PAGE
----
Joe’s Winemaking Notes: April 2017
It’s been a full month since the last “Notes,” when I stated that we were about two weeks from seeing bud break. This statement held true, and we did see the first green leaves a few weeks ago. However, just as bud break was occurring, and the tiny leaves were emerging from their cocoons, wintry weather returned. This had the effect of stopping the vine growth in its tracks, and forcing us to wait a little longer, before we saw significant growth. Not an unusual occurrence, but one that tests our patience a bit! Looking at the photos below shows the vineyard this year (left photo), and in 2016 on the same date in late March (right photo).
A small delay, and we’re certainly not into abnormal vintage timing, yet; although, it seems so after the past years, with their very early starts. We have a full growing season ahead of us, with much time to catch up, so I’m not ready to predict the start date for harvest!
“FINAL” RAINFALL TOTALS FOR 2016-2017
Although the rain season in California extends until June 30, we’ve probably (fingers crossed!) seen the last major storm of the season. As of March 31, the estate vineyard has received a total of 63 inches of rainfall – over five feet of rain! In addition to near record quantities, the 2016-2017 rain year was extraordinary in the distribution of rainfall.
During the recent four-year drought we thirsted for more rain. Now, after the most recent storm system dropped 3.5 inches of rain on top of the season’s 60 inches, we’re officially cured of this desire! Now, we’re ready for clear skies, warming temps, and drying soils. The past four days gave us just what we wanted!
BOTTLING OUR SONOMA COUNTY CHARDONNAYS
In mid-March, we bottled our two Sonoma County Chardonnay blends: the 2016 River Road UN-OAKED Chardonnay, and the 2016 River Road Sonoma County Chardonnay. Aside from the obvious difference suggested by the “UN-OAKED” name for the first wine, what makes these wines different? First produced in the late 1970s, and refined into its current style in the 1990s, our Sonoma County Chardonnay has been our foundation wine for decades. When I became winemaker for River Road Vineyards and Winery in 2003, this hybrid approach of tank and barrel fermentation of Chardonnay had already developed a legion of fans. Fourteen years later, after seeing countless positive responses at consumer and trade tastings, I wouldn’t dream of altering the core personality of this wine. Great impression of ripe apples, lemon curd, pie spices, and toasted pastry dough make this wine too easy to love!
Our UN-OAKED Sonoma County Chardonnay is a newer member of the River Road family, having debuted after the 2011 vintage. This was a natural evolution for us, as we had a great deal of experience fermenting Chardonnay in stainless steel tanks. When I check the fermenting wines each morning during harvest, some of the Chardonnays showcase beautiful pear, lemon-lime, and floral aromatics. These showy wines are destined for our UN-OAKED blend, as they need no assistance from oak barrels to present themselves in high style.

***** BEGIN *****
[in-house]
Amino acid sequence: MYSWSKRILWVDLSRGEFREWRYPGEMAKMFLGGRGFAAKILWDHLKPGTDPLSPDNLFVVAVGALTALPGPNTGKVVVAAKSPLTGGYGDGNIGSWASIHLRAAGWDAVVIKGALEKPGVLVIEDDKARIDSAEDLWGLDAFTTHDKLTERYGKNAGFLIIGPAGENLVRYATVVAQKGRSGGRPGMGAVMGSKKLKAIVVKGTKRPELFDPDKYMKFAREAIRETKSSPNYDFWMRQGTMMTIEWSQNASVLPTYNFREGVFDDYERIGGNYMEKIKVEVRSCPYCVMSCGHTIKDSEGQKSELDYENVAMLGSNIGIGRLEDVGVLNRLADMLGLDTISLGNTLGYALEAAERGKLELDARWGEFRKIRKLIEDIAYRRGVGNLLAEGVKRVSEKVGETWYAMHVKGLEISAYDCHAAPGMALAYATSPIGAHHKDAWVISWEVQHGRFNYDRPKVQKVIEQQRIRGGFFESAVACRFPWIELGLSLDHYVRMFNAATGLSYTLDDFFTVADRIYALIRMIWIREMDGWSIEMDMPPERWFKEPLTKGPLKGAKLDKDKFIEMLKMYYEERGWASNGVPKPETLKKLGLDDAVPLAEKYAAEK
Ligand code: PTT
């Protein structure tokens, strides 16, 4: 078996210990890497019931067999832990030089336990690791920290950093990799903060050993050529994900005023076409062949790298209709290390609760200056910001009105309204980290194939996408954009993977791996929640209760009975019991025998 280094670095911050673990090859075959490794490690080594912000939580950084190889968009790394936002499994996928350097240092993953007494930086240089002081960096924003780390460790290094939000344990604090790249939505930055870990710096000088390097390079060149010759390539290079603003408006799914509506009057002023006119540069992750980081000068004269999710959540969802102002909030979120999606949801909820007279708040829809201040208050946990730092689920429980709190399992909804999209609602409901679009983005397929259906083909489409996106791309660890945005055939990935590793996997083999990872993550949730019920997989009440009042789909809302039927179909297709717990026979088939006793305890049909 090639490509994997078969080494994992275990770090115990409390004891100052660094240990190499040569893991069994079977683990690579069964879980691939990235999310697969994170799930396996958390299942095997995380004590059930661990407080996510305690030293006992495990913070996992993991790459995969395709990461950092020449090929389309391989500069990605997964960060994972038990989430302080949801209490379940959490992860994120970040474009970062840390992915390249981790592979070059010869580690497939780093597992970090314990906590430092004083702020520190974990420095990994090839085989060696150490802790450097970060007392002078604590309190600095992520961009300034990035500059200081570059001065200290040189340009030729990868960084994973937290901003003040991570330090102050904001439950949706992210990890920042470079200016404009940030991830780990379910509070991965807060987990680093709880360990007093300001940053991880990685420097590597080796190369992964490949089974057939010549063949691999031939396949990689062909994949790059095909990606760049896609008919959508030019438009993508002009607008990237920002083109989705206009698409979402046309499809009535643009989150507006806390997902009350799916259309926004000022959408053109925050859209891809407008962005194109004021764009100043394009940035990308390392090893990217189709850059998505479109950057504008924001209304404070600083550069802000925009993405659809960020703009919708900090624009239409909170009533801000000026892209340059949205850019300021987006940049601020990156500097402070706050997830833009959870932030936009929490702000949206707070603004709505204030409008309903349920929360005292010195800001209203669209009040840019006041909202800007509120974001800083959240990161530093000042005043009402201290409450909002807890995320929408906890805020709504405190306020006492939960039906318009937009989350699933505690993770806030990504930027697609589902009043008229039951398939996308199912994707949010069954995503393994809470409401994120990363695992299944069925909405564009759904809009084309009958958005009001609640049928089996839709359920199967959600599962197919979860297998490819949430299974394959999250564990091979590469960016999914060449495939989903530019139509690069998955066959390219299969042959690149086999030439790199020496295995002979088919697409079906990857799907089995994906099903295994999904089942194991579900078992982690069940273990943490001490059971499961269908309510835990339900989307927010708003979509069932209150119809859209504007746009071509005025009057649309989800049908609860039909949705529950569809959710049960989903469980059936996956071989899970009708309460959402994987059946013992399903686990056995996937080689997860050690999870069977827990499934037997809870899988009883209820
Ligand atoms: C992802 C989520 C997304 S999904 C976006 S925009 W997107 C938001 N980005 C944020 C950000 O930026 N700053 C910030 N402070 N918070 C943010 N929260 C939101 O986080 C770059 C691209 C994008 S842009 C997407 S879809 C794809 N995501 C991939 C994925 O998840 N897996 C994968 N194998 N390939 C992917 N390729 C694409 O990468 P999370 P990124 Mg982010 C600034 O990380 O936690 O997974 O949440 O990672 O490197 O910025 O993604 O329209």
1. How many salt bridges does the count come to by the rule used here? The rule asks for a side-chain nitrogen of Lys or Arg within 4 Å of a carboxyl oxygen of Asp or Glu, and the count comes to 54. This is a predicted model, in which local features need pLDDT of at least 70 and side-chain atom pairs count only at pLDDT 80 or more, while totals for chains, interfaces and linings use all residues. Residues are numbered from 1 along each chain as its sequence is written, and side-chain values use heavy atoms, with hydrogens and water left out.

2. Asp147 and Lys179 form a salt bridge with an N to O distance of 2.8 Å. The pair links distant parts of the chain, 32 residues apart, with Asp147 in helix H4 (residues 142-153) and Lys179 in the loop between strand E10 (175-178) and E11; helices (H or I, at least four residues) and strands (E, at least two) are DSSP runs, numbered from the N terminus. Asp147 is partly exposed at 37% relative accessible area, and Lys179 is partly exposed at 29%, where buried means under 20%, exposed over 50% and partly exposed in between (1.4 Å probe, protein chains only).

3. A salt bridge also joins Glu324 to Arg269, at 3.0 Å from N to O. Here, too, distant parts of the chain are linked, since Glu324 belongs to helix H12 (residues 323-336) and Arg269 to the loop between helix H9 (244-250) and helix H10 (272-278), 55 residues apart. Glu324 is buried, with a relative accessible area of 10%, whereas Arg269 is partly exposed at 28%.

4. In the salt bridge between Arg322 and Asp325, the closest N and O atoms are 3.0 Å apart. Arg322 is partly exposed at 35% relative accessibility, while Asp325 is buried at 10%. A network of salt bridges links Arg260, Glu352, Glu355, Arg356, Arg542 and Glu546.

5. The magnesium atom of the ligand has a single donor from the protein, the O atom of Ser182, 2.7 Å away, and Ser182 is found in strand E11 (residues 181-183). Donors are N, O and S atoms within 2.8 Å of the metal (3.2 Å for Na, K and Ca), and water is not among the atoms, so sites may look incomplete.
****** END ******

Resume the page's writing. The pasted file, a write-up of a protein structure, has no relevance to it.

The UN-OAKED Chardonnay blend bottles at a lower alcohol percentage than our Sonoma County blend. This is due to the selection of vineyard sites, which express ripeness at lower grape sugar levels. The UN-OAKED blend will also have a slightly perceptible residual (unfermented) grape sugar at bottling. If you have an opportunity to taste the wines side by side, you’ll gain an understanding of the impacts that oak and vineyard selection have on Chardonnay.
RUSSIAN RIVER VALLEY WINEGROWERS’ NEIGHBORHOODS INITIATIVE
By now, you’re familiar with my love of the wines produced in the Green Valley of Russian River Valley, where our winery and estate vineyard are located. In order to further understand Green Valley, I’ve been participating, over the past three years, in a study of the “neighborhoods” of Russian River Valley. These neighborhoods consist of Middle Reach, Santa Rosa Plains, Laguna Ridge, Sebastopol Hills, and Green Valley (the only official sub-AVA of Russian River Valley). There’s been a general consensus among wineries and grape growers that each region expresses Pinot Noir in a unique way. However, the language to describe the differences was imprecise, and the borders between regions were fuzzy.
To define the neighborhoods more effectively, Russian River Valley Winegrowers has been collecting sensory data on hundreds of wine samples produced by dozens of wineries (ours included), to see if common traits existed in each region. In addition, UC Davis has analyzed the wines to see if there are any aromatic or flavor markers that distinguish each neighborhood. They’ve sent along word that there are some very intriguing results, and they’ll present the data to our group later this month. You’ll be sure to hear about it from me.
As a way of showcasing the defining sensory characteristics of each neighborhood, I was excited to be selected for a new collaborative venture. A twenty case auction lot will be offered at the Sonoma County Barrel Auction in late April, with the five neighborhoods donating four cases each. This will give the winning bidder (typically a restaurant or retailer) a chance to share this unique tasting experience with its customers. Along with winemakers from three other Green Valley wineries, we’ve completed blending a 2016 Pinot Noir that represents the best of our neighborhood. Four wineries, four vineyards, four winemakers, one wine. It’s a beauty!